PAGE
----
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My First MRI Made Me Reflect on What It Means to Be a Woman

Thursday, August 18, 2022

By Steph Early

I lie on the MRI table, robe open, face wedged tightly into the U-shaped cradle. Beverly, the nurse, asks if I am okay. I say yes, but it’s complicated. I am tired and nervous, and still reeling from the recent news that the Supreme Court has overturned Roe v. Wade. It’s been a particularly interesting week to be a woman.

Beverly and another nurse take my tiny breasts and sandwich them into the plastic compartments. The sheer act of the nurses handling my breasts reminds me of how small they feel compared to before, before babies and breastfeeding. But today I don’t care about their size, only that they are clear.

It’s my first MRI. My mom’s early breast cancer diagnosis at age 42 has labeled me high risk, which, according to my doctor, warrants a lifetime of rotating mammograms and MRIs. She advises it’s better to catch anything at stage 0 or 1. Beverly the nurse’s voice returns to ask if I would like to listen to music.

“Sure,” I say.

“Pick a Pandora station. Pop? Classic rock? Country?” she prompts. I pick country, which seems light and happy. I could use light and happy.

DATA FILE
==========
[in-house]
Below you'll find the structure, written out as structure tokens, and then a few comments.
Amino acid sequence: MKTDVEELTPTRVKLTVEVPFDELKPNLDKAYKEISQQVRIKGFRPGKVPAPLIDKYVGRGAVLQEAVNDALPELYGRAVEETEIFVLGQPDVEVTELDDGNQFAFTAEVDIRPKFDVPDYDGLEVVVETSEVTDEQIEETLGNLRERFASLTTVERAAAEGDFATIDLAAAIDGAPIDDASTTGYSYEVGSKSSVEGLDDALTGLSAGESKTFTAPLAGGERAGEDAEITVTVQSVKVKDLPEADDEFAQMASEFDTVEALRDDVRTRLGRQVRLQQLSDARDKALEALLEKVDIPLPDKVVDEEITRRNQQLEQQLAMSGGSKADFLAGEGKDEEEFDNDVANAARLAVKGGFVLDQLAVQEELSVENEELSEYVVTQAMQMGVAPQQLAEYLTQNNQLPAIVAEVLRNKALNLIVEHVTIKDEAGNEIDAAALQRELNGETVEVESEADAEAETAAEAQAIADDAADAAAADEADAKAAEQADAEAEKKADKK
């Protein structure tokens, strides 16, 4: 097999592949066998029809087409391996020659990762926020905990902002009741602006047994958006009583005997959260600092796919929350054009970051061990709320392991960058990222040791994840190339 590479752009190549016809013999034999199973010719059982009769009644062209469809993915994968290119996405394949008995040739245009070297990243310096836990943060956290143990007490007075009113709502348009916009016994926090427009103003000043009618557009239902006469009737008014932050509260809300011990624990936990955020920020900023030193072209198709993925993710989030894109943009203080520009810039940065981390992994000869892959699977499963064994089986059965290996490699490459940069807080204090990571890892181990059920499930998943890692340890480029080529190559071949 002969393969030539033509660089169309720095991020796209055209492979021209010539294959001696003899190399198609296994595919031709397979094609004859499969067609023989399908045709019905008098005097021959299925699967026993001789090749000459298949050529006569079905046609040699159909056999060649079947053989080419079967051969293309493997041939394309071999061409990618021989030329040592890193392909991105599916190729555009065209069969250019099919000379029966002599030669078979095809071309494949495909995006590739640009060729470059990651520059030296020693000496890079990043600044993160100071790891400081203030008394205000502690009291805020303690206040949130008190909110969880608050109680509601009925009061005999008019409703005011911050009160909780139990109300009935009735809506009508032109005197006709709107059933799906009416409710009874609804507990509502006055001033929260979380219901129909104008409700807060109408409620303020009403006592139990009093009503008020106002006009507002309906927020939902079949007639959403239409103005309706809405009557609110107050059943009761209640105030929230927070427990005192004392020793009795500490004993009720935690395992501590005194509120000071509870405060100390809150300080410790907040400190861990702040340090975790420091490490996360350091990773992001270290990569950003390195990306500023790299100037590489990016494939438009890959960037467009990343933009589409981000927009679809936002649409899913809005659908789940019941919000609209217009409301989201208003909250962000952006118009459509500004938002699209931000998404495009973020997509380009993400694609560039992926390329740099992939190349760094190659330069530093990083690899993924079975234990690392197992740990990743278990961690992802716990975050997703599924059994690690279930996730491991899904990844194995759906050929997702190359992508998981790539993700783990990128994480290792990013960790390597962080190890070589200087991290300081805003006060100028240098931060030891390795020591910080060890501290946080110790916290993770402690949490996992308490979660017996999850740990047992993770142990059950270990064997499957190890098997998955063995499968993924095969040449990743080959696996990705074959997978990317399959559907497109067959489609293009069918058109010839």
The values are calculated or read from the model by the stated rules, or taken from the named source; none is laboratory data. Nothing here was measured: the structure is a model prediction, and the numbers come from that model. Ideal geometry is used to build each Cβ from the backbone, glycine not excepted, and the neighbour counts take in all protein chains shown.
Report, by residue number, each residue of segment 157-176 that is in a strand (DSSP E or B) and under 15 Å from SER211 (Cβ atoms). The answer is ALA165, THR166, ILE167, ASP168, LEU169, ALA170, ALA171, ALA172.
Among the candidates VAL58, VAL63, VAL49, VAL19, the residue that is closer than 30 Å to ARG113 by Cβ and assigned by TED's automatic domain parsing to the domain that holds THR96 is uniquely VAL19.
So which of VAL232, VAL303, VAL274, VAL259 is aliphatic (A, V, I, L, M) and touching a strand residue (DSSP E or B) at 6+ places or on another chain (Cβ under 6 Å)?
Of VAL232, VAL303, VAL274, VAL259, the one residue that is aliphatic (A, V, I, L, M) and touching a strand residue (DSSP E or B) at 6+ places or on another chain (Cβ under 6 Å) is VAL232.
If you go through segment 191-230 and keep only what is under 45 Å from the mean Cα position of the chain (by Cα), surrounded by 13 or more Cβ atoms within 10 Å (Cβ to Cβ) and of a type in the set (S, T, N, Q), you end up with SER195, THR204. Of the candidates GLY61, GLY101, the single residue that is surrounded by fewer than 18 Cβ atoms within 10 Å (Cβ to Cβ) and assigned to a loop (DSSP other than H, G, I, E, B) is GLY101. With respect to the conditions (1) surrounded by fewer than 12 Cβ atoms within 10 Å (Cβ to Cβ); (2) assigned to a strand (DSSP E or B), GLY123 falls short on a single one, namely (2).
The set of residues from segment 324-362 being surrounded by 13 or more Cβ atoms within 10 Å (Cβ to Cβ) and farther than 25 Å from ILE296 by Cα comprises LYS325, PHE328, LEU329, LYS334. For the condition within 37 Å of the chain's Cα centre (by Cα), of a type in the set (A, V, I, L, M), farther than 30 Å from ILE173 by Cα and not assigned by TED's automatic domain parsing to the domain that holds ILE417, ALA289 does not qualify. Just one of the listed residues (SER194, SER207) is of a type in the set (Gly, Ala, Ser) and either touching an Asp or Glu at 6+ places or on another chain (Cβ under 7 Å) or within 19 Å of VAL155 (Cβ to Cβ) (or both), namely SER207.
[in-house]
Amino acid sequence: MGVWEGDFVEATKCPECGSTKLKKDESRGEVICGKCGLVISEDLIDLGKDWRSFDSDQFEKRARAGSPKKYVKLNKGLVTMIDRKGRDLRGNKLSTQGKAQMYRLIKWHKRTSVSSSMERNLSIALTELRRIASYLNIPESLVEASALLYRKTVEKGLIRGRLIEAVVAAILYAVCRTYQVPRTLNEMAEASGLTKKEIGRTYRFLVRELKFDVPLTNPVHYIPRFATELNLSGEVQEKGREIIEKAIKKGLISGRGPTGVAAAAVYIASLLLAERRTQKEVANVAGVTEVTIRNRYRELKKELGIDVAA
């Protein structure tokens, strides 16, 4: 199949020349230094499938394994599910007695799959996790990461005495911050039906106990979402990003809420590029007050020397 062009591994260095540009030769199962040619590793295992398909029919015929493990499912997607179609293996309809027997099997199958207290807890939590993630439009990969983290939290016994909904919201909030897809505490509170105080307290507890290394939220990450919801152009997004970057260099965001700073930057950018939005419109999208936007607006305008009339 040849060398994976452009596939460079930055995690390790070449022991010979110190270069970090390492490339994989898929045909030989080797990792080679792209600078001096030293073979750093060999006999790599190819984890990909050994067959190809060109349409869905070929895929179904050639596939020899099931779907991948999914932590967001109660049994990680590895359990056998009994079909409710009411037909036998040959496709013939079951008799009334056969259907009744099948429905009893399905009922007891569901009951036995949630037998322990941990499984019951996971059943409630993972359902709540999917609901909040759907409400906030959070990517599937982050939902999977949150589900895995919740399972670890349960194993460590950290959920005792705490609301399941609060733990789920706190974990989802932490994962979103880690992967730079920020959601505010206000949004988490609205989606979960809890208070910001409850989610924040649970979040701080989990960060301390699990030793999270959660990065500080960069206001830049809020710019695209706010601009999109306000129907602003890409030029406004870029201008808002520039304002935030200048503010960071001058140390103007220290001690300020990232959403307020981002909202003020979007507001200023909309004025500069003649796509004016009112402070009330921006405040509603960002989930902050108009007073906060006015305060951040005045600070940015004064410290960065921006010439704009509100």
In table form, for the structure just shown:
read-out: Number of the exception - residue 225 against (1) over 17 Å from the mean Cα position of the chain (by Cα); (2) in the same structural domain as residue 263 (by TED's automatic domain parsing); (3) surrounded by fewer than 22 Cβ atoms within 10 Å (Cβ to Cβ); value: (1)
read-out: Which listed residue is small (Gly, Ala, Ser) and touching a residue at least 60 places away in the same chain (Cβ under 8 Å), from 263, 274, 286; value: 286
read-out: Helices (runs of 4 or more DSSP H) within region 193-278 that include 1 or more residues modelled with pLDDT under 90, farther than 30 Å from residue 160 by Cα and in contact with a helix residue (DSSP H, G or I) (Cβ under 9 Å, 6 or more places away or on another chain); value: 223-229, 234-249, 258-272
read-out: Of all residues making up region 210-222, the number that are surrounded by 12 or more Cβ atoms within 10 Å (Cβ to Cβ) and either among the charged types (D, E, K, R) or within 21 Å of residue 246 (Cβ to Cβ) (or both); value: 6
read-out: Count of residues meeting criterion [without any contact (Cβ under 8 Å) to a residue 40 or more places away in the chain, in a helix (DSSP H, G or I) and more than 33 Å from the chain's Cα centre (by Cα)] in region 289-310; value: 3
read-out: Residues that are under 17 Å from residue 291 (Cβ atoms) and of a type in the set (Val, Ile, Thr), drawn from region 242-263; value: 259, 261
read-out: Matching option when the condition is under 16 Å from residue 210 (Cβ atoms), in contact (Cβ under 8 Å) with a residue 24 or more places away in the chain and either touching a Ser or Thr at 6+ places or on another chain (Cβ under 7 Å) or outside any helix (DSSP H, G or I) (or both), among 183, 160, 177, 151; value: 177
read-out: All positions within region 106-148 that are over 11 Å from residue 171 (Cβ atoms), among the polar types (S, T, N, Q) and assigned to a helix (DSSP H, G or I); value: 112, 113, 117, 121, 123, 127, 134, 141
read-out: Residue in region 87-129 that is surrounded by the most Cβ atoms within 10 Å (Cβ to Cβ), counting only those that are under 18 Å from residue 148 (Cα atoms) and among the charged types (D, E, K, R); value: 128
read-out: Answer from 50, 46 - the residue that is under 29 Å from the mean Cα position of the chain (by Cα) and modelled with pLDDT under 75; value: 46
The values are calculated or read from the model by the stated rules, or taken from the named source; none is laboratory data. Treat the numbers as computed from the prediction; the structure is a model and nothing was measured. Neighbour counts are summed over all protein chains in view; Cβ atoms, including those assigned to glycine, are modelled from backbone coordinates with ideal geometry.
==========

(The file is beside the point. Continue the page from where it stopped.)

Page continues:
It’s 2:15 p.m. on a Monday. I managed to fit in this appointment between back-to-back work meetings and picking up my two- and four-year-old girls from school. I also had to squeeze the procedure into the very narrow window of time between my last period and when the next one is expected to start.

Suddenly classical jazz sounds better than country.

When Beverly places the giant headphones on my ears and tells me she is going to turn on the music, I change my mind. Having never experienced an MRI before, I naively think I will not only be able to hear the music, but maybe I can multitask and get in some much needed and often neglected meditation.

Beverly adjusts the headphones and walks away. As she leaves to change the station, “The Piña Colada Song” starts playing. It cuts out momentarily, and I hear Beverly’s voice in the headphones.

“We are about to get started,” she says. “Are you ready?”

“Yes,” I say. I sing along with the song in my head. A wave of emotion washes over me, and I feel the tears well up in my eyes. I keep humming with the song. How many times have I heard it? It reminds me of when I was young. At the beach. In a bikini with perky, assuredly cancer-free boobs. This makes me cry even more.

I lie in the MRI tube and think of what it really feels like to be a woman in this body. The bikini body I once wished was thinner but that I’d now kill for. The motherly body that endured two unexpected C-sections and gave me two beautiful baby girls. The body that I pray won’t betray me with any malignancies.

The MRI ends. I get in my car to leave, NPR playing news of the ensuing turmoil from the Supreme Court decision. Halfway through the drive home my phone rings. My results are in: all clear. I am cancer-free.

I go home, but I still feel betrayed.


Steph Early is a mom of two daughters and a writer living in middle America. When the sun goes down, you can find her tucking in her tiny humans before curling up in bed with a good book.